TITLE

Antibiotic treatment is associated with reduced risk of a subsequent exacerbation in obstructive lung disease: an historical population based cohort study

AUTHOR(S)
Roede, B. M.; Bresser, P.; Bindels, P. J. E.; Kok, A.; Prins, M.; tel Riet, G.; Geskus, R. B.; Herings, R. M. C.; Prins, J. M.
PUB. DATE
November 2008
SOURCE
Thorax;Nov2008, Vol. 63 Issue 11, p968
SOURCE TYPE
Academic Journal
DOC. TYPE
Article
ABSTRACT
Objectives: The risk of a subsequent exacerbation after treatment of an exacerbation with oral corticosteroids without (OS) or with (USA) antibiotics was evaluated in a historical population based cohort study comprising patients using maintenance medication for obstructive lung disease. Methods: The Pharmo database includes drug dispensing records of more than 2 million subjects in The Netherlands. Eligible were patients ⩾50 years who in 2003 were dispensed ⩾2 prescriptions of daily used inhaled β2 agonists, anticholinergics and/or corticosteroids, and experienced at least one exacerbation before 1 January 2006. Exacerbation was defined as a prescription of OS or USA. The times to the second and third exacerbations were compared using Kaplan-Meier survival analysis. Independent determinants of new exacerbations were identified using multivariable Cox recurrent event survival analysis. Results: Of 49 599 patients using maintenance medication, 18 928 had at least one exacerbation; in 52%, antibiotics had been added. The OS and USA groups were comparable for potential confounding factors. Median time to the second exacerbation was 321 days in the OS group and 418 days in the USA group (p<0.001); and between the second and third exacerbation 127 vs 240 days (p<0.001). The protective effect of USA was most pronounced during the first 3 months following treatment (hazard ratio (HR) 0.62; 99% CI 0.60 to 0.65). In the USA group, mortality during follow-up was lower (HR 0.82; 99% CI 0.66 to 0.98). Conclusion: Treatment with antibiotics in addition to oral corticosteroids was associated with a longer time to the next exacerbation, and a decreased risk of developing a new exacerbation.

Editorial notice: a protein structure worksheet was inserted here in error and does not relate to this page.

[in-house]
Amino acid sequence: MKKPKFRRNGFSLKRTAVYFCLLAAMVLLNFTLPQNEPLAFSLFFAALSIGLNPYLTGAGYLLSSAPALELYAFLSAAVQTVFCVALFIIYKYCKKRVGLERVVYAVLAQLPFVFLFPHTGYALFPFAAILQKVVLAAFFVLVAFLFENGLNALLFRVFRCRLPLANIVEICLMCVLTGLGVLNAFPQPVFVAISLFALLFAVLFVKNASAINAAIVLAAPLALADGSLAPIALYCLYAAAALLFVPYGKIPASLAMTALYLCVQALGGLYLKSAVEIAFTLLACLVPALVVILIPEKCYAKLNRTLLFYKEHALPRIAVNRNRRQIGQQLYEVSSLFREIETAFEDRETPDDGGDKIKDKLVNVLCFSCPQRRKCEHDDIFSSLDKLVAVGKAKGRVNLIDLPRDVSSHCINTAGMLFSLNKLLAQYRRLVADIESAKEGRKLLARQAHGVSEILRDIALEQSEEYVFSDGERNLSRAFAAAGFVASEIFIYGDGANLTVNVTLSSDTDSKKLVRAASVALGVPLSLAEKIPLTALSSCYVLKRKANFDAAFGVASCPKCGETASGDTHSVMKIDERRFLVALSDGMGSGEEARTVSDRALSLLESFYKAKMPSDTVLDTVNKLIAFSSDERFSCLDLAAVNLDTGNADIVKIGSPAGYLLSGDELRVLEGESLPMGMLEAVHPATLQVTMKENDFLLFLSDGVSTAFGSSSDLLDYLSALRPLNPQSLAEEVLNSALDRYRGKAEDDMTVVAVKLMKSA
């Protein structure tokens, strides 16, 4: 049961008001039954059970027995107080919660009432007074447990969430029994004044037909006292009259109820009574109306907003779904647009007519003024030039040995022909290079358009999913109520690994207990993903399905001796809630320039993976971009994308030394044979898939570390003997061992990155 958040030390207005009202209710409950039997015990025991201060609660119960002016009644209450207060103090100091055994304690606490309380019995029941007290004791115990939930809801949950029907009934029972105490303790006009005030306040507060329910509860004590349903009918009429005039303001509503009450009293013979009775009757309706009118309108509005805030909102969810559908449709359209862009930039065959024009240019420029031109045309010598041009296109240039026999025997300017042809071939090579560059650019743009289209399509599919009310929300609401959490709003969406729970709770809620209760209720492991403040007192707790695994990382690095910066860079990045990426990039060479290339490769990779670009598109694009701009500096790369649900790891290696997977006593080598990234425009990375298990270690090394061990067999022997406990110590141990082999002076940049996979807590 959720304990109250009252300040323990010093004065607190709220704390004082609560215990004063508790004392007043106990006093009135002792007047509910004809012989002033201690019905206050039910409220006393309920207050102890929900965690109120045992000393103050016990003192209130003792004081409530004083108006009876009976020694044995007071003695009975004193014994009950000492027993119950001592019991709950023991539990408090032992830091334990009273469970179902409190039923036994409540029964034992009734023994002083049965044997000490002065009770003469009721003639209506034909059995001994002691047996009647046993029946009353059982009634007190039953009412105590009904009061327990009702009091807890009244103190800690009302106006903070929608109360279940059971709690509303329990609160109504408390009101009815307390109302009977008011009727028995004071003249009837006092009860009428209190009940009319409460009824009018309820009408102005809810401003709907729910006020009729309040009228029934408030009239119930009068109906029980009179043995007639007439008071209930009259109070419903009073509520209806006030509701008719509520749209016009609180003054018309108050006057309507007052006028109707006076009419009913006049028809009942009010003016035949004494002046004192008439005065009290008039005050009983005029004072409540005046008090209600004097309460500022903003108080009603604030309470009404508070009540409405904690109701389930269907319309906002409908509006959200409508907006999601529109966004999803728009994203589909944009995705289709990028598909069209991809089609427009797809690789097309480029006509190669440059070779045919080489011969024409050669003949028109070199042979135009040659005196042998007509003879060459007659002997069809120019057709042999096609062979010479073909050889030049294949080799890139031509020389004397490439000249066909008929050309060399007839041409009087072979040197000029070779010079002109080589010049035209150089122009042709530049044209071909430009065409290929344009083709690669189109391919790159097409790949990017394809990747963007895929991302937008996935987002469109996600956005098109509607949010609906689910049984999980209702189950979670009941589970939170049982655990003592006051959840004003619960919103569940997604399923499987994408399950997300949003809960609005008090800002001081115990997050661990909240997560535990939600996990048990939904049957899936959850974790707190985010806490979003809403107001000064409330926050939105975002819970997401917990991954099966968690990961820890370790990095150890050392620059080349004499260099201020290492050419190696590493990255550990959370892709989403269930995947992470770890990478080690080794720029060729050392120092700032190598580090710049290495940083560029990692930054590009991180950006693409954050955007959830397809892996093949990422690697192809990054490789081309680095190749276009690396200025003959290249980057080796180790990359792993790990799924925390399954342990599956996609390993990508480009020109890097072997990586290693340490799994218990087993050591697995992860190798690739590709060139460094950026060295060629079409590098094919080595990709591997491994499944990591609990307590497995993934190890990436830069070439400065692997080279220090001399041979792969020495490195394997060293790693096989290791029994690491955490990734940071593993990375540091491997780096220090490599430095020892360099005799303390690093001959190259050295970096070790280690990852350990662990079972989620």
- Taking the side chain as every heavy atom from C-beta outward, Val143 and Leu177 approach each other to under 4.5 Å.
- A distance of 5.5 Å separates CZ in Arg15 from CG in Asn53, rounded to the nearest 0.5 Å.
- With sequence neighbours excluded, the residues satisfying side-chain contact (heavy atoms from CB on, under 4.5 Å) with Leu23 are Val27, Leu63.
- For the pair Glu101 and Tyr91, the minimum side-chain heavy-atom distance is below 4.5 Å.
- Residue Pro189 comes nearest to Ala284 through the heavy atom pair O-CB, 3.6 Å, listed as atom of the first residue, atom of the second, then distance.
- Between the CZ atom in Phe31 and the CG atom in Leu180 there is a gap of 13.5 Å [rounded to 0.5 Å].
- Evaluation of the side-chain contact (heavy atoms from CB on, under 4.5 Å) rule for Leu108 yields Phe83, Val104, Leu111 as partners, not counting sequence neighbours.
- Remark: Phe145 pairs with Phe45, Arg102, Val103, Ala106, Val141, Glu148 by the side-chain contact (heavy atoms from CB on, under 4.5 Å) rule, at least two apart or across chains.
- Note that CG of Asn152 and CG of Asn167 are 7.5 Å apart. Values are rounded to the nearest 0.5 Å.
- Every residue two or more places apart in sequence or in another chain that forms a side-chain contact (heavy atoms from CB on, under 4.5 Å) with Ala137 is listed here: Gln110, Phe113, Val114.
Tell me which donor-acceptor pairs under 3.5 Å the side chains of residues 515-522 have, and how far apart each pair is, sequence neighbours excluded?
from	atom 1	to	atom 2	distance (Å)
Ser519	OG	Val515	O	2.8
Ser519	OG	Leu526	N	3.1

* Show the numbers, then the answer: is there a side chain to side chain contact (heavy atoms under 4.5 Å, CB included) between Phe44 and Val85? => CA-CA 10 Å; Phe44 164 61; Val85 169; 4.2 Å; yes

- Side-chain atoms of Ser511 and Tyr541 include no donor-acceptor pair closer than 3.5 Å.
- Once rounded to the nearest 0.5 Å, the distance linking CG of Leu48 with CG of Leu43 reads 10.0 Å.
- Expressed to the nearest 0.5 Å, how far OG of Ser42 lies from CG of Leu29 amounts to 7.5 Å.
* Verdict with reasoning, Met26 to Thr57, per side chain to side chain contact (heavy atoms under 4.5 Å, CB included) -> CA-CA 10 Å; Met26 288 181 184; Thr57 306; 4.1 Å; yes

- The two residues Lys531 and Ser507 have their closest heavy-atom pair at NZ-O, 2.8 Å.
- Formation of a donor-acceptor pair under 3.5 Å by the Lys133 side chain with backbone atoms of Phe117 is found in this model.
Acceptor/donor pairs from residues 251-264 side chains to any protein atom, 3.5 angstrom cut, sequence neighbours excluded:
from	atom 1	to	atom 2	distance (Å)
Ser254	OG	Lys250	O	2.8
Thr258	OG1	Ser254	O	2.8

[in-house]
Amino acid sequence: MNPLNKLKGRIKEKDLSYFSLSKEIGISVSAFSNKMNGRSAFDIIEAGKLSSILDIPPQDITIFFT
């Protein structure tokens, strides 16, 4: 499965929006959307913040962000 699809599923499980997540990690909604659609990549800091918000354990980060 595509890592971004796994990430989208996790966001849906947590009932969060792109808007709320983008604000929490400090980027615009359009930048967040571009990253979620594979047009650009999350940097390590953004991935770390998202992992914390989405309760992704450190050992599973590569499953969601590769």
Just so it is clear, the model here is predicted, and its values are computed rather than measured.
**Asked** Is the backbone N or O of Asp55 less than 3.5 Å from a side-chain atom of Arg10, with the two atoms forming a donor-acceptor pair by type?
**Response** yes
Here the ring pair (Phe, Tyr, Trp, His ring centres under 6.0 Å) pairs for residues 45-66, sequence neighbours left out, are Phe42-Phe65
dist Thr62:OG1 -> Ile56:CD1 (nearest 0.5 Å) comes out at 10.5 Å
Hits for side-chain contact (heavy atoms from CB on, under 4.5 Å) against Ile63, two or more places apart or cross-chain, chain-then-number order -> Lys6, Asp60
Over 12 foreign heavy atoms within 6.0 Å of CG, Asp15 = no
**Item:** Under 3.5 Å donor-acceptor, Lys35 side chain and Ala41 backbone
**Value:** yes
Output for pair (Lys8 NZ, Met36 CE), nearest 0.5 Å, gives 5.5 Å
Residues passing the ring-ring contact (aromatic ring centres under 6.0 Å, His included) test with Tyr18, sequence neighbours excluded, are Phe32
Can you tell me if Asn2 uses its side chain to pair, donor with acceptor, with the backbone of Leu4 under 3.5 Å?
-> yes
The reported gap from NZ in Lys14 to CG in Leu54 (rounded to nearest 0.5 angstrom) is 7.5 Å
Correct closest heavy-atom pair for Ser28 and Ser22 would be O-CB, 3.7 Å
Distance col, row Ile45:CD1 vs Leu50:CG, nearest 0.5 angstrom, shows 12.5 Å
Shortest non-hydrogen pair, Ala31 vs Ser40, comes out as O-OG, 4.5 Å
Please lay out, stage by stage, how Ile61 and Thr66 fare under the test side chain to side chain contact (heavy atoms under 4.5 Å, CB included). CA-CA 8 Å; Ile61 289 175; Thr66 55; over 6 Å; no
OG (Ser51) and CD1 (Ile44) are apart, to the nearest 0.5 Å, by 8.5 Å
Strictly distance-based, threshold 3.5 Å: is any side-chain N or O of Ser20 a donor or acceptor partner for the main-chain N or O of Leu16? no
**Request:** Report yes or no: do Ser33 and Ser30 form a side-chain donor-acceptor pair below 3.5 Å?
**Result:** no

ACCESSION #
35420158

 

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